Coconut flour: Coconut flour is dehydrated and finely ground coconut meat. It is high in fiber, and not much else, so it produces a very flour-like product, when mixed with the right proportion of ingredients.
-Bake coconut flour at the same temperature as white flour.
-Because of the fiber density, ratio is generally 1 cup of white flour = 1/4-1/3 cup coconut flour
-Coconut flour needs a LOT of liquid and leavening agents, especially. In general, this means about 6 eggs per 1 cup of coconut flour, and 1 cup of liquid per 1 cup of coconut flour (yes, both).
-Like almond flour, be mindful of the nonstick nature of the baking vessel, and remember to cool completely.
Using them together: almond flour and coconut flour together make a wonderful grain-free baking blend. Try using them in a 3:1 ratio of almond to coconut flour.
Other alternative flour notes: Cassava flour is a new one on the scene, and though I don't have much experience with it, it can be a wonderful swap for white flour. Tapioca starch and arrowroot starch work well in lightening up baked goods that are made with almond flour and coconut flour, especially, as it can be quite dense alone.
3. Swap the sugar.
I won't get on my sugar soapbox here, but I will say that the amount of sugar we consume is directly related to the amount of weight we gain and fatigue we feel around the holidays. No question. So why not do what we can to reduce the sugar we consume-- or at the very least, choose healthier sweetener options.
A few simple swaps for switching out sugar: Honey and maple syrup are always my go-to sweetener options. Though they are still high in natural sugars, our body responds to them better than white sugar due to the mineral content, and even better-- they can be found locally for many of us. Try using 1/2- 2/3 cup of maple syrup or honey for 1 cup of white sugar (reduce liquids in recipe by 1/4 cup). Coconut sugar is one of my favorite sweetener options because it is not only low-glyemic, but you can use it 1:1 with sugar. It has a more molasses-y brown sugar like taste, so be mindful of that. Xylitol and stevia baking blends: If you absolutely need a low-carb/sugar option, xylitol and stevia baking blends are a good swap, though be mindful of the amount you are using them- as they are more processed (stevia in it's simplest form is natural, however baking blends are more processed). Xylitol can be used in a 1:1 ratio with sugar and stevia baking blends require following the package directions (as this can vary per brand).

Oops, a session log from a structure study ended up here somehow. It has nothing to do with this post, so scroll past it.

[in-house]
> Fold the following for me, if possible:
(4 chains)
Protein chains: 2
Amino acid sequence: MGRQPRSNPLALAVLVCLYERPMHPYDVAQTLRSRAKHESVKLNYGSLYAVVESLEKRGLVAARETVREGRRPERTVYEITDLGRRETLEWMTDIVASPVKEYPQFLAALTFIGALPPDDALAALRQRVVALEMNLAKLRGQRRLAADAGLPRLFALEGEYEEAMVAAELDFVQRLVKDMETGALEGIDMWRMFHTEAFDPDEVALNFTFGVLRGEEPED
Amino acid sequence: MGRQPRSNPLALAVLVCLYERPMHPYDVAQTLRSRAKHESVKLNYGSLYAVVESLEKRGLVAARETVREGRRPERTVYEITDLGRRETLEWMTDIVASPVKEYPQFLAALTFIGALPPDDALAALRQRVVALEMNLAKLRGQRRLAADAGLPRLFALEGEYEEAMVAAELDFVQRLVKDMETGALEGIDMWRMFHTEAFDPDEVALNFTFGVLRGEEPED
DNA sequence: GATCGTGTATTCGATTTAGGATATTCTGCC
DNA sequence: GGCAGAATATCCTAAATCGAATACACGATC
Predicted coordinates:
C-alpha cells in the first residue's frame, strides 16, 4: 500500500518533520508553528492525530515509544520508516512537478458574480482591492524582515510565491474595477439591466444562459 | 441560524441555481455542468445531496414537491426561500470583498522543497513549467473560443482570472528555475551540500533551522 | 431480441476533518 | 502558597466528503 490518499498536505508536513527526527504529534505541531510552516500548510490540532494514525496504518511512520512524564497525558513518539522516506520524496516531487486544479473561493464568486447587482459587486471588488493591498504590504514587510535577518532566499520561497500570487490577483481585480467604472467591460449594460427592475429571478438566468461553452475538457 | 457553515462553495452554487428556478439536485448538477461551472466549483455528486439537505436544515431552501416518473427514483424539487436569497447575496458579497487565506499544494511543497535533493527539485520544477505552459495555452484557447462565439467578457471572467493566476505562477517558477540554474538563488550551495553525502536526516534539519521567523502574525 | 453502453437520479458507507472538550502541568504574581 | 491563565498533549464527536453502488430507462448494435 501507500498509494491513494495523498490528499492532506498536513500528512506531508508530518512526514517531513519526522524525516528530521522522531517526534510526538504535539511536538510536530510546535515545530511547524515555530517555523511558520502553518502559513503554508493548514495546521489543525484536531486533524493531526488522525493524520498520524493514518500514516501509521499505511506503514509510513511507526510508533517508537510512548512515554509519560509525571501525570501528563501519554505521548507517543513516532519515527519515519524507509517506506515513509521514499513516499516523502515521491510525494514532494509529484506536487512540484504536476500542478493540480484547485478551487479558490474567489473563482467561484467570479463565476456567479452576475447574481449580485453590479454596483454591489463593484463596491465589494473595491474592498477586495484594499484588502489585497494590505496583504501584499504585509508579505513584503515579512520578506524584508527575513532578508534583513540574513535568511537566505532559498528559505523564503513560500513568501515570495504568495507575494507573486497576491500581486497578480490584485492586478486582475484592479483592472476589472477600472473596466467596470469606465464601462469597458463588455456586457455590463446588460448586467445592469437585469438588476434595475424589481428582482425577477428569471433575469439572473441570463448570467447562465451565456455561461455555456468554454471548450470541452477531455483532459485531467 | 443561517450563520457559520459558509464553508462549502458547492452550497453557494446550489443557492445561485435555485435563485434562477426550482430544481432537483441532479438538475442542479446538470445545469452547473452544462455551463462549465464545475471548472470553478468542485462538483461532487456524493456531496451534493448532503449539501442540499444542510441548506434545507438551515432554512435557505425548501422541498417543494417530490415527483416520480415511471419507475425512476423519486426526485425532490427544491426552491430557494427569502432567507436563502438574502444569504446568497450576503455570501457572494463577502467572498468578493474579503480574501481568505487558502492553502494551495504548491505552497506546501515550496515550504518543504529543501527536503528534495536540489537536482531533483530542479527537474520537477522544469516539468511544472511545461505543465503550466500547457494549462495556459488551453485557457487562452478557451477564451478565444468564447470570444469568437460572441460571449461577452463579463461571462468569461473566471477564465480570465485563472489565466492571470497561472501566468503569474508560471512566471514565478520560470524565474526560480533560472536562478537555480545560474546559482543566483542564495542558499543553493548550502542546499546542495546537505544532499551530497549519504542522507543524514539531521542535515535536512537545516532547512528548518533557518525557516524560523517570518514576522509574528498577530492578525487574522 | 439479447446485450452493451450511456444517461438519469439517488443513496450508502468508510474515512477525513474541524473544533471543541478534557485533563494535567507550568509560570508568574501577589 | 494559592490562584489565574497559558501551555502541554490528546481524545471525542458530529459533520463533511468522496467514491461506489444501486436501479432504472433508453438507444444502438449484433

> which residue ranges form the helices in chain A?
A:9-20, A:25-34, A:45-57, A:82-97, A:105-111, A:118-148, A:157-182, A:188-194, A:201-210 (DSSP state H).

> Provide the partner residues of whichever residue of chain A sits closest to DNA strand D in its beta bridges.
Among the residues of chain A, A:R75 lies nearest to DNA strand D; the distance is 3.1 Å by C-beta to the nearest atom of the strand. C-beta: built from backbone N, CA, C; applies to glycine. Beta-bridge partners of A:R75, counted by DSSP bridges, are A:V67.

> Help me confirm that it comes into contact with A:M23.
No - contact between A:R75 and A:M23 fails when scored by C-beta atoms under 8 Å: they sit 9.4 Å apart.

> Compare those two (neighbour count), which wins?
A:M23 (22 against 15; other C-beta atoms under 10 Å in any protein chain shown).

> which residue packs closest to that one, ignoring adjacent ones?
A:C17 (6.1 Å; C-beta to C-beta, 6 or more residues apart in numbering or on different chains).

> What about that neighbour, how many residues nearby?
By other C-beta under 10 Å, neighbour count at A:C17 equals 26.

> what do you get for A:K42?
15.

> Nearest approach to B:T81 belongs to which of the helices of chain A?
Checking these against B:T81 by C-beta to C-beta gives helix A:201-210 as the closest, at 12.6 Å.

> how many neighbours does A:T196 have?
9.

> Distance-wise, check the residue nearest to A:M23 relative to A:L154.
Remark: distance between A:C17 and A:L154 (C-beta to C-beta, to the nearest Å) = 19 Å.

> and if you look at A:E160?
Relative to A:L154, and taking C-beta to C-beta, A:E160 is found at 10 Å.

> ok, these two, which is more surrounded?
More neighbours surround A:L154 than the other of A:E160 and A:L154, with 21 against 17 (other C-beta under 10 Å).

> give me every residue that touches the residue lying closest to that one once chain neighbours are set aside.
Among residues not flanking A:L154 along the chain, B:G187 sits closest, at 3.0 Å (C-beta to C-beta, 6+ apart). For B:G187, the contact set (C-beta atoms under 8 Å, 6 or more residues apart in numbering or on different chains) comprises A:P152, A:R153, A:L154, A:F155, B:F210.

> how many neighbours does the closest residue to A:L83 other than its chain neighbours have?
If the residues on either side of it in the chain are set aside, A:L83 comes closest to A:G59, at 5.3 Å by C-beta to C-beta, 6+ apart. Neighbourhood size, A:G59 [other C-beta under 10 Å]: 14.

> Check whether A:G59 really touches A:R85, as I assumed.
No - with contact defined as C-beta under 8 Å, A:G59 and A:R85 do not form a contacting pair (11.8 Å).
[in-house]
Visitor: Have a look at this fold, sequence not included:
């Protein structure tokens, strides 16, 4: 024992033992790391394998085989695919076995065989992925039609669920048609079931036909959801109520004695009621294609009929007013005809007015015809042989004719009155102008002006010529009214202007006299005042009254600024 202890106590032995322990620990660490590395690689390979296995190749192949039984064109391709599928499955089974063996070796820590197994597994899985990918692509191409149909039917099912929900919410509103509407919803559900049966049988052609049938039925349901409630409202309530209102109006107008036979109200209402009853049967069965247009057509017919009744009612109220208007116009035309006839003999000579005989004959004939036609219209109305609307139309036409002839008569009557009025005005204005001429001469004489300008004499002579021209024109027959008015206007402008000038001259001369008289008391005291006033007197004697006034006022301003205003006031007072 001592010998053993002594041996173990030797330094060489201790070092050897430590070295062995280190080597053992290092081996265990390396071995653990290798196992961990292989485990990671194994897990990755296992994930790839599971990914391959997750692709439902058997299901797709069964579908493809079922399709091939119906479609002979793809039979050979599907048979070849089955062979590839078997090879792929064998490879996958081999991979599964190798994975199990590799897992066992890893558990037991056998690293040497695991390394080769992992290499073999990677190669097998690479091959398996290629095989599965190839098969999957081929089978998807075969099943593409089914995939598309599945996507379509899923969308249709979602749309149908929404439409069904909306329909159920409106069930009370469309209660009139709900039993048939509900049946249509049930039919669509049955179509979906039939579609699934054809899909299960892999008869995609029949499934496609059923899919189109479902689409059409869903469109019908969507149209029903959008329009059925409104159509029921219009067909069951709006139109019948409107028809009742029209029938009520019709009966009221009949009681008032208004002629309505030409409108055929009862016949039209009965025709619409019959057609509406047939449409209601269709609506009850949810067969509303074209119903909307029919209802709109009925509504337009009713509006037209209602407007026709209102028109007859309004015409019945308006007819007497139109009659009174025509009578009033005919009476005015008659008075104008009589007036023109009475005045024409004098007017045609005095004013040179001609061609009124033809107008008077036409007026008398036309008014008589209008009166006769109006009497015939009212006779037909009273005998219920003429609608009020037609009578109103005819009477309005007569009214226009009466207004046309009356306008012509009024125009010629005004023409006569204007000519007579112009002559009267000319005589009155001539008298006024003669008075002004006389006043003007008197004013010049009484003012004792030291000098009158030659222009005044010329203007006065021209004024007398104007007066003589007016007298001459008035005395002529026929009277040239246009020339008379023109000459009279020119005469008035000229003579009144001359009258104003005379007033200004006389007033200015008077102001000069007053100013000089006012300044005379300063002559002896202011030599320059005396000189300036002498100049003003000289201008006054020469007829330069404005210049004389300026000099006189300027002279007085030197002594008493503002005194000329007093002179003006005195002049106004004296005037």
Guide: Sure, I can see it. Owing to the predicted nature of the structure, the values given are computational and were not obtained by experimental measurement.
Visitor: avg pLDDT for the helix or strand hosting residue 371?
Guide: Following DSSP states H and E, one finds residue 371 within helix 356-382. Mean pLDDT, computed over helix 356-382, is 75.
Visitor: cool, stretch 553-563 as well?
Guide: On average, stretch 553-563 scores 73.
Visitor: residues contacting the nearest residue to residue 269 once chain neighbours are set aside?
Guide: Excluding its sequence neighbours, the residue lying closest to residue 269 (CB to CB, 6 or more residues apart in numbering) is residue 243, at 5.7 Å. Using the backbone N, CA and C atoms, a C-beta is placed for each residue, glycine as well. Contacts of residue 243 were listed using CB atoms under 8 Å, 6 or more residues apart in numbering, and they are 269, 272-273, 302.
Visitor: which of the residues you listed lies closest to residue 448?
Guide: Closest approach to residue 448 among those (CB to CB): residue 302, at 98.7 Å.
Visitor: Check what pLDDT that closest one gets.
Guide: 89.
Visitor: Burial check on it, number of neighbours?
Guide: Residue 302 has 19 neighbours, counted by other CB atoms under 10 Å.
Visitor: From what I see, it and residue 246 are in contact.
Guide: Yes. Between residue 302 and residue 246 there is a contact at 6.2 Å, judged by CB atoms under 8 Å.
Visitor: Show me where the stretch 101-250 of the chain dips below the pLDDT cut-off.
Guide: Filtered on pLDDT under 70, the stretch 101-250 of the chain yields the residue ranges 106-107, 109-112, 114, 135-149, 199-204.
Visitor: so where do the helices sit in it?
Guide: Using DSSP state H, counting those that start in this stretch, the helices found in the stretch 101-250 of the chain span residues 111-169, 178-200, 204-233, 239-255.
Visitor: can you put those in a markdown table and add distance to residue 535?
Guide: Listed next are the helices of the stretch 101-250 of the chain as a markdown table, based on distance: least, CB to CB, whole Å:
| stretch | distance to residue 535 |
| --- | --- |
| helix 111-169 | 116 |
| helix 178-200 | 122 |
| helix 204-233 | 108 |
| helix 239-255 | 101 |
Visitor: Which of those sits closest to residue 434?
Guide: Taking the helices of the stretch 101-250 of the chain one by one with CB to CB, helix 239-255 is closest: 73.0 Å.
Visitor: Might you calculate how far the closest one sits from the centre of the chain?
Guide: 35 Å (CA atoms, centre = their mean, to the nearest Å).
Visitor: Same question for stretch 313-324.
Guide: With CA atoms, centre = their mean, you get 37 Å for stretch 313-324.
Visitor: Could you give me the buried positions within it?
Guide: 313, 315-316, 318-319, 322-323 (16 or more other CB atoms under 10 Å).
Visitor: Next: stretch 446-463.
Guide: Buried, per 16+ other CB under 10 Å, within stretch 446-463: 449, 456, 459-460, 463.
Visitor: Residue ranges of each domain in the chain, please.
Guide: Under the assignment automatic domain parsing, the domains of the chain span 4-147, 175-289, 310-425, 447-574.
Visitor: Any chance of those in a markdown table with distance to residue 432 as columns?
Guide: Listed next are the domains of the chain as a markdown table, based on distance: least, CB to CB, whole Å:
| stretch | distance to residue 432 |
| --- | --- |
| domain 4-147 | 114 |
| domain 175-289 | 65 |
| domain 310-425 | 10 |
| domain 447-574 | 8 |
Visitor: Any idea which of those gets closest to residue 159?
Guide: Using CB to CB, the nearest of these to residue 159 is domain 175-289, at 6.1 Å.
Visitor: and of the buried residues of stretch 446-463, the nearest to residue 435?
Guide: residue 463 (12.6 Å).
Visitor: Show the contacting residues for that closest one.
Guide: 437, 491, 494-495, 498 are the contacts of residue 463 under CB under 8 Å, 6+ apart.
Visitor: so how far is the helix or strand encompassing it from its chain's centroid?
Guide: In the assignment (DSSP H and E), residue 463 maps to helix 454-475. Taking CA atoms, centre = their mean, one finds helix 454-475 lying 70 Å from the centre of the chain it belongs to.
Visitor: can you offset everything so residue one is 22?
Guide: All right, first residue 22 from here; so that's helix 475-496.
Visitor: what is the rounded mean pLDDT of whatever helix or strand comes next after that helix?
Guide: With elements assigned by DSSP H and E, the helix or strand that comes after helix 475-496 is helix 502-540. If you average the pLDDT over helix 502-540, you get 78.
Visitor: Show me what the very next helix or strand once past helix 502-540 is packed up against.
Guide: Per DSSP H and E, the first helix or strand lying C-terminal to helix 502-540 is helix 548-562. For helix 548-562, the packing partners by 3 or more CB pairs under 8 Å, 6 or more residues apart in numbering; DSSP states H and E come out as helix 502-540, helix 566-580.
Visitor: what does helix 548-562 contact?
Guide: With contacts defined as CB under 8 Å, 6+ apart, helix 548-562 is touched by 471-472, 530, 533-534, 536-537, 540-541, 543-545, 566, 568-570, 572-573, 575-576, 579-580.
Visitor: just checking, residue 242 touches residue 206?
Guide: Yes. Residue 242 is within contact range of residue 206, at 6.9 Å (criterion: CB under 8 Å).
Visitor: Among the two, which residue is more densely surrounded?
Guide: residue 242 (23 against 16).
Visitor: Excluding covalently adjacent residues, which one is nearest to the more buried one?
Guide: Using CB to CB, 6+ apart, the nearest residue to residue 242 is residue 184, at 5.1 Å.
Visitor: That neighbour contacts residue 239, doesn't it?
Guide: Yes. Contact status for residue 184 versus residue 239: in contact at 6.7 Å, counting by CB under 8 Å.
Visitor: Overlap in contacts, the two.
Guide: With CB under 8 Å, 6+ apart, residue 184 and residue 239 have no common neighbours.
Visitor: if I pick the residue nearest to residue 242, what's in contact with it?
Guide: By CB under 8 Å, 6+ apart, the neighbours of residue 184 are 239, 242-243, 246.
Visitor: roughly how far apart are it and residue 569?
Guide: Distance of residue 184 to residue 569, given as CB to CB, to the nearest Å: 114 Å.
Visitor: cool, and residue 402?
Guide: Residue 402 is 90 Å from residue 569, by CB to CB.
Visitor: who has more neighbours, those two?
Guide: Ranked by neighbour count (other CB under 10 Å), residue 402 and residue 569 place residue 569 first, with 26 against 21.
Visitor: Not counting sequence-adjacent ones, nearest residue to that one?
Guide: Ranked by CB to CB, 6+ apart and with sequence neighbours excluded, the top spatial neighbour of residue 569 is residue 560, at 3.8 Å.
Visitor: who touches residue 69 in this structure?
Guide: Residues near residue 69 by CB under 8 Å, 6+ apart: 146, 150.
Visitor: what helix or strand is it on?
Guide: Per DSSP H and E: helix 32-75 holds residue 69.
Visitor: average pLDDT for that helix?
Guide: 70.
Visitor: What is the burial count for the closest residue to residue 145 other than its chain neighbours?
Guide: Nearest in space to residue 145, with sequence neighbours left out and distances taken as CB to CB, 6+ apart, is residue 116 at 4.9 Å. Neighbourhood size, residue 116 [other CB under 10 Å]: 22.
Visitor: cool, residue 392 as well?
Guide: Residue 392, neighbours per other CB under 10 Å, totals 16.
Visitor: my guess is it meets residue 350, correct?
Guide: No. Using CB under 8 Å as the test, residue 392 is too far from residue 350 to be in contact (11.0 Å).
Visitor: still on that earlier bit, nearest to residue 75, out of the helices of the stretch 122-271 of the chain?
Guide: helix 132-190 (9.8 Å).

Avoid artificial sweeteners like splenda, and fructose-heavy agave nectar.
4. Utilize fruits and veggies for flavor and texture.
One of my favorite ways to add nutrients, texture and flavor to recipes is to add fruits and veggies in place of common ingredients. Applesauce: can be used in place of oil or butter, 1:1 Pureed avocado: can be used in place of oil or butter, 1:1 Pureed sweet potato or pumpkin: can be used in place of oil or butter in a 3/4:1 ratio Pureed black or white beans: can be swapped for 1/2 of flour called for in recipe.
Nut butter: can be swapped for 1/2 of flour called for in recipe (may need to reduce liquid depending on viscosity of nut butter).
5. Add in an extra nutrient boost.
You can always opt to make baked goods healthier by adding in an extra nutrient boost! Some fun options include: raw cacao instead of cocoa powder, fresh ground ginger instead of dried, matcha powder for a green tea taste, chai spices, collagen powder or protein powder.
Whew! I know that was a lot, but I hope it goes to show there are SO many ways to make that holiday baking healthier! Enjoy!
What are your tips for healthier holiday baking? Share with us below!